Names such as Jeff Liskay, Greg Senyo, Kevin Feenstra, Jerry Darkes, Peter Humphreys and Ray Schmidt were placed in my direct path and with some brief introductions and a comparison of notes, I was delighted in the confirmation of my findings. These guides and authors were part of a closely knit group of people who specialized in the same field as I; a field that was largely unknown by a significant majority of anglers in the region.
It started with a brief Powerpoint presentation about the basics of the traditional swing. What was a swing? How was it more effective than a single deaddrifted lane? What sort of flies? What sort of water? Slide after slide I poured over facts and watched pens take frantic notes between my sentences. The lineups of viewers at the end of the presentation acknowledged that there was indeed a growing interest for this classic technique in a new environment.
Perhaps the most common question was one about depths.Understanding that winter steelhead typically correlated with colder water temperatures, the assumption was that dredging heavy concentrations of tungsten tips was a necessary evil in order to have a chance at reducing the lockjaw tendencies of the lethargic steelhead.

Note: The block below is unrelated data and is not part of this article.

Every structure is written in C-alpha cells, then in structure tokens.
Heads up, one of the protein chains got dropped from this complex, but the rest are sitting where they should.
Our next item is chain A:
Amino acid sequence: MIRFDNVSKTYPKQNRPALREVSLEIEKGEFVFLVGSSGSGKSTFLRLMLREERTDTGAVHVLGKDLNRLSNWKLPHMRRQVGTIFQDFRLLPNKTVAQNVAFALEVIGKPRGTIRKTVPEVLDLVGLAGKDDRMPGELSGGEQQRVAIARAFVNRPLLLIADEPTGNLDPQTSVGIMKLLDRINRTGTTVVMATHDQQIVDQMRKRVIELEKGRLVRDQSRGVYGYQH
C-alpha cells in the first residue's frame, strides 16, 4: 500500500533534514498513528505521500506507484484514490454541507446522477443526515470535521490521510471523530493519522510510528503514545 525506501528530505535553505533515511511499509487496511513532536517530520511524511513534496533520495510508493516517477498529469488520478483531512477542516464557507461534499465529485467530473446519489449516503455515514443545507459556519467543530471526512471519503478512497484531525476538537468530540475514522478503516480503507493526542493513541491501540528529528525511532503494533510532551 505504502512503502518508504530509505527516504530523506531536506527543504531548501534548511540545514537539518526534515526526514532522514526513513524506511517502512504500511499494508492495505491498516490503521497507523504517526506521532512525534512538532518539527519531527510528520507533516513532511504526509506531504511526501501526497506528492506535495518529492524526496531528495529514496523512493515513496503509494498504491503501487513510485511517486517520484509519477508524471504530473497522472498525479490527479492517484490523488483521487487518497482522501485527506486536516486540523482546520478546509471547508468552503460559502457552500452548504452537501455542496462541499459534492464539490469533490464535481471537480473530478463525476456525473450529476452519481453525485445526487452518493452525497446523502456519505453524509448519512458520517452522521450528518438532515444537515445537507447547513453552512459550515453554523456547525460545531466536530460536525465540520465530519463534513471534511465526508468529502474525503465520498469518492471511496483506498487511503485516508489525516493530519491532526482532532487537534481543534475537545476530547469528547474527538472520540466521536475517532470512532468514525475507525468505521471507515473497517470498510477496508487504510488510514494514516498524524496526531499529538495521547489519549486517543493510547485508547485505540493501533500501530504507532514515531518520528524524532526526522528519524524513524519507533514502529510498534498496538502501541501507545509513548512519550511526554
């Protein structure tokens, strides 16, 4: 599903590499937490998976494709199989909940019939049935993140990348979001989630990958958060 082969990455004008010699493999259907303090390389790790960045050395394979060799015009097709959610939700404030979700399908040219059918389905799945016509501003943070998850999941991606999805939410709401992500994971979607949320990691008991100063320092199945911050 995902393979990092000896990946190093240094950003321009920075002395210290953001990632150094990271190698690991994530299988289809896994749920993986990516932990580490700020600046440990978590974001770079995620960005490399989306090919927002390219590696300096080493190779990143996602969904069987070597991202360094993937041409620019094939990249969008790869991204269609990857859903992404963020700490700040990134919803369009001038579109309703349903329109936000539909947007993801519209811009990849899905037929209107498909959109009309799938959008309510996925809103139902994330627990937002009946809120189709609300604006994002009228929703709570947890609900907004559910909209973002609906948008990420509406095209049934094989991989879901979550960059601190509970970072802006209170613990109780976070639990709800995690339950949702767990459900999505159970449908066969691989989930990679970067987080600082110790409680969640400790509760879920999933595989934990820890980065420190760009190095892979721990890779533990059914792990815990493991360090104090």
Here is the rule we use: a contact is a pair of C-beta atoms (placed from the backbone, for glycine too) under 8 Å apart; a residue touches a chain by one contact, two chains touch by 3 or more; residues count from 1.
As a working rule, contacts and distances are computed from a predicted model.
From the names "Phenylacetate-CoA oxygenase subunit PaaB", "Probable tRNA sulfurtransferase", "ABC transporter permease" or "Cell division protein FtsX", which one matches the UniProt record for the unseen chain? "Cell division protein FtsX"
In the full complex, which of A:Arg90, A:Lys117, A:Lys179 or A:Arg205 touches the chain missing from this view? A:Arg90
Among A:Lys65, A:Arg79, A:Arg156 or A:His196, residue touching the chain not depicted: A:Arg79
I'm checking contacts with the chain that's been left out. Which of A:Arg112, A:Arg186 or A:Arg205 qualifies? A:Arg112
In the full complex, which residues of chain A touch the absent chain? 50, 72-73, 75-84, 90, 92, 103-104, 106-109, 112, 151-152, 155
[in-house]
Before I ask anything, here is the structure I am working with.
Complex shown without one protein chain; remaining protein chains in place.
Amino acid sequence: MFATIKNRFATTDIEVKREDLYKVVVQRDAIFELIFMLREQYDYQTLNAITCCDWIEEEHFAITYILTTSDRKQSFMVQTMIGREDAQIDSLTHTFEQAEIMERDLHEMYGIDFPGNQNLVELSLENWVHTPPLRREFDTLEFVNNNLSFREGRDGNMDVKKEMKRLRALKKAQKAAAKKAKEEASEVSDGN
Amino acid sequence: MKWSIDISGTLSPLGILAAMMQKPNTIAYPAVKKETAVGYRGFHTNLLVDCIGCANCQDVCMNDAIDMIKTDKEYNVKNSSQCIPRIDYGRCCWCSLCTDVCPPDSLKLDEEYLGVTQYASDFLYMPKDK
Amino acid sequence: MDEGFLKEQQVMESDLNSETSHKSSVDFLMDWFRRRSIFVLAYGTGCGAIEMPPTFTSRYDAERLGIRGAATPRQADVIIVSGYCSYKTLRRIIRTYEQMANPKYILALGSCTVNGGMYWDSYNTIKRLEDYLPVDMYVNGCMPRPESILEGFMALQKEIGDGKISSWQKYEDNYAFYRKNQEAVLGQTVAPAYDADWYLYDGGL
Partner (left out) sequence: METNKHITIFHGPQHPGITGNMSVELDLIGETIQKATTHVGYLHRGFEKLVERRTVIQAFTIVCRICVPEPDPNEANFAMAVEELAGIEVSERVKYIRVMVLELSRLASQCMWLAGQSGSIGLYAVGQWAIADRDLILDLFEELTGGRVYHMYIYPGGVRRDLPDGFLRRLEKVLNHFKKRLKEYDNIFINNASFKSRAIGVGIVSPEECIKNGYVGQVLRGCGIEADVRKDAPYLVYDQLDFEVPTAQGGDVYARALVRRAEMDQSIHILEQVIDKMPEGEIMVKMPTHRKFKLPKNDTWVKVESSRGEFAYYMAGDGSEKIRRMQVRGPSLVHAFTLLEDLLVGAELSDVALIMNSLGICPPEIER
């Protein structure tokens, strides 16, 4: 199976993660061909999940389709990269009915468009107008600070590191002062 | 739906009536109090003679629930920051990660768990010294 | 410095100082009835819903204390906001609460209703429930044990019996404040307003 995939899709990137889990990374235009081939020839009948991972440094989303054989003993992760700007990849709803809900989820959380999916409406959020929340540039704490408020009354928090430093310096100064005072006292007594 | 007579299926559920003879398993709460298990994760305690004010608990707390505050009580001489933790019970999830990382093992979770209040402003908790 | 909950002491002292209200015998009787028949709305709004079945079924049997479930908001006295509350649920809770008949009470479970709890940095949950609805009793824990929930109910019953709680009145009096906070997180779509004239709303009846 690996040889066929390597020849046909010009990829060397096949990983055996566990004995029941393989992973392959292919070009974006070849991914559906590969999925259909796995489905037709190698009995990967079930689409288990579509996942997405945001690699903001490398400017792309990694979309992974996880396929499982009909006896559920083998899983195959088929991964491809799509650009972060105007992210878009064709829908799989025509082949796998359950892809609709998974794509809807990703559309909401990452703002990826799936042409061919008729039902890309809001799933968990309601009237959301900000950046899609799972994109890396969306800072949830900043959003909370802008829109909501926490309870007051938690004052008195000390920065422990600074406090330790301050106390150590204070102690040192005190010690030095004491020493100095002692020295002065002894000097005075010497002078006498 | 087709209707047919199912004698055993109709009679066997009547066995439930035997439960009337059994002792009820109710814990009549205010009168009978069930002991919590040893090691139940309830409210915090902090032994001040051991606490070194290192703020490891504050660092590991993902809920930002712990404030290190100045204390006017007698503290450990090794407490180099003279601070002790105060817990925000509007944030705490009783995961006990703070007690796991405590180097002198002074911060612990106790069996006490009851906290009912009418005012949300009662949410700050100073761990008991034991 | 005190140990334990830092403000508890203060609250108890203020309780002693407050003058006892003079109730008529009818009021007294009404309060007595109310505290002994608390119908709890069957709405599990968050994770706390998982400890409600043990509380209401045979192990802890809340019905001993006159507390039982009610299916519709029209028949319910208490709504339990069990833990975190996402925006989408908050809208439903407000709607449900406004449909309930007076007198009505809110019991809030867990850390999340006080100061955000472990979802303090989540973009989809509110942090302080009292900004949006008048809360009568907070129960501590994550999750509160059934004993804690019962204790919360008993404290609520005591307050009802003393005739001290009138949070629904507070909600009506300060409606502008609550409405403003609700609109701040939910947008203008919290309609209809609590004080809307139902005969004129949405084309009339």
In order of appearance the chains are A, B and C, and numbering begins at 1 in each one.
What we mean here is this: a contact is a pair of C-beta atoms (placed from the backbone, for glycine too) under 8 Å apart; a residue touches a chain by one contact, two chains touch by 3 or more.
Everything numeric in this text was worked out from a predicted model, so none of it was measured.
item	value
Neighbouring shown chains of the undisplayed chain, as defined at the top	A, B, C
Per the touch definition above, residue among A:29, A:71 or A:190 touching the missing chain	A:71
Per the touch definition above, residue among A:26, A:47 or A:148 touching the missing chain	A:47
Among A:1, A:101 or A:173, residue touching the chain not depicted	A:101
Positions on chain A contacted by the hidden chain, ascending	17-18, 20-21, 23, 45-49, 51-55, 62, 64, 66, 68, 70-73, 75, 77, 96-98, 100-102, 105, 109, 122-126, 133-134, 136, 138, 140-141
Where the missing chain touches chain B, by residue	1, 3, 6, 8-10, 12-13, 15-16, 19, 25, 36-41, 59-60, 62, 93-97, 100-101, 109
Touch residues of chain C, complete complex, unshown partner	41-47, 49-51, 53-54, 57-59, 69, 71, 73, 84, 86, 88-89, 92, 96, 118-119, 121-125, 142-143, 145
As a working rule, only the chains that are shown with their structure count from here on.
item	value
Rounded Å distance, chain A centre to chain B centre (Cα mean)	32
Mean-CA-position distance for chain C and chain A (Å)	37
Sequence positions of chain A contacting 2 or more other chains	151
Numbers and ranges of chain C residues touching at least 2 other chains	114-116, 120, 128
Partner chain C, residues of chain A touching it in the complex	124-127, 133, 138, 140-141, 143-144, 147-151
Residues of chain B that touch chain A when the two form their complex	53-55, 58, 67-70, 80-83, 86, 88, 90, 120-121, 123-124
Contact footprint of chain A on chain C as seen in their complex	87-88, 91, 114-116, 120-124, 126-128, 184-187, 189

I sought to explain alternate options and clarified that while such extreme depths were indeed required at times, there was other methodology that proved equally as efficient. The tactics of “side-drifting”, selective mending, feeding line and “walking the
fly out” were all concepts worthy of mention. The Great Lakes anglers understood my reasoning; there is one thing about our Eastern counterparts…they know how to fish.
I paused at a photo of murky water conditions, gazing at the chocolate flow of a blown out stream. It was a sight not unknown to most of the audience. Fish, much like most animals, require oxygen to survive and seek to minimize their energy expenditure. When the river is a massive, torrential flood it is not uncommon for migrating fish to push closer to shore to avoid strong currents and suspended sediment.
Here in British Columbia, when the river is running high we often allow our flies to reach a true dangle (the terminology for when the fly reaches its final moment of swinging before sitting static in the current), only then following through with a few quick strips before preparing to cast again.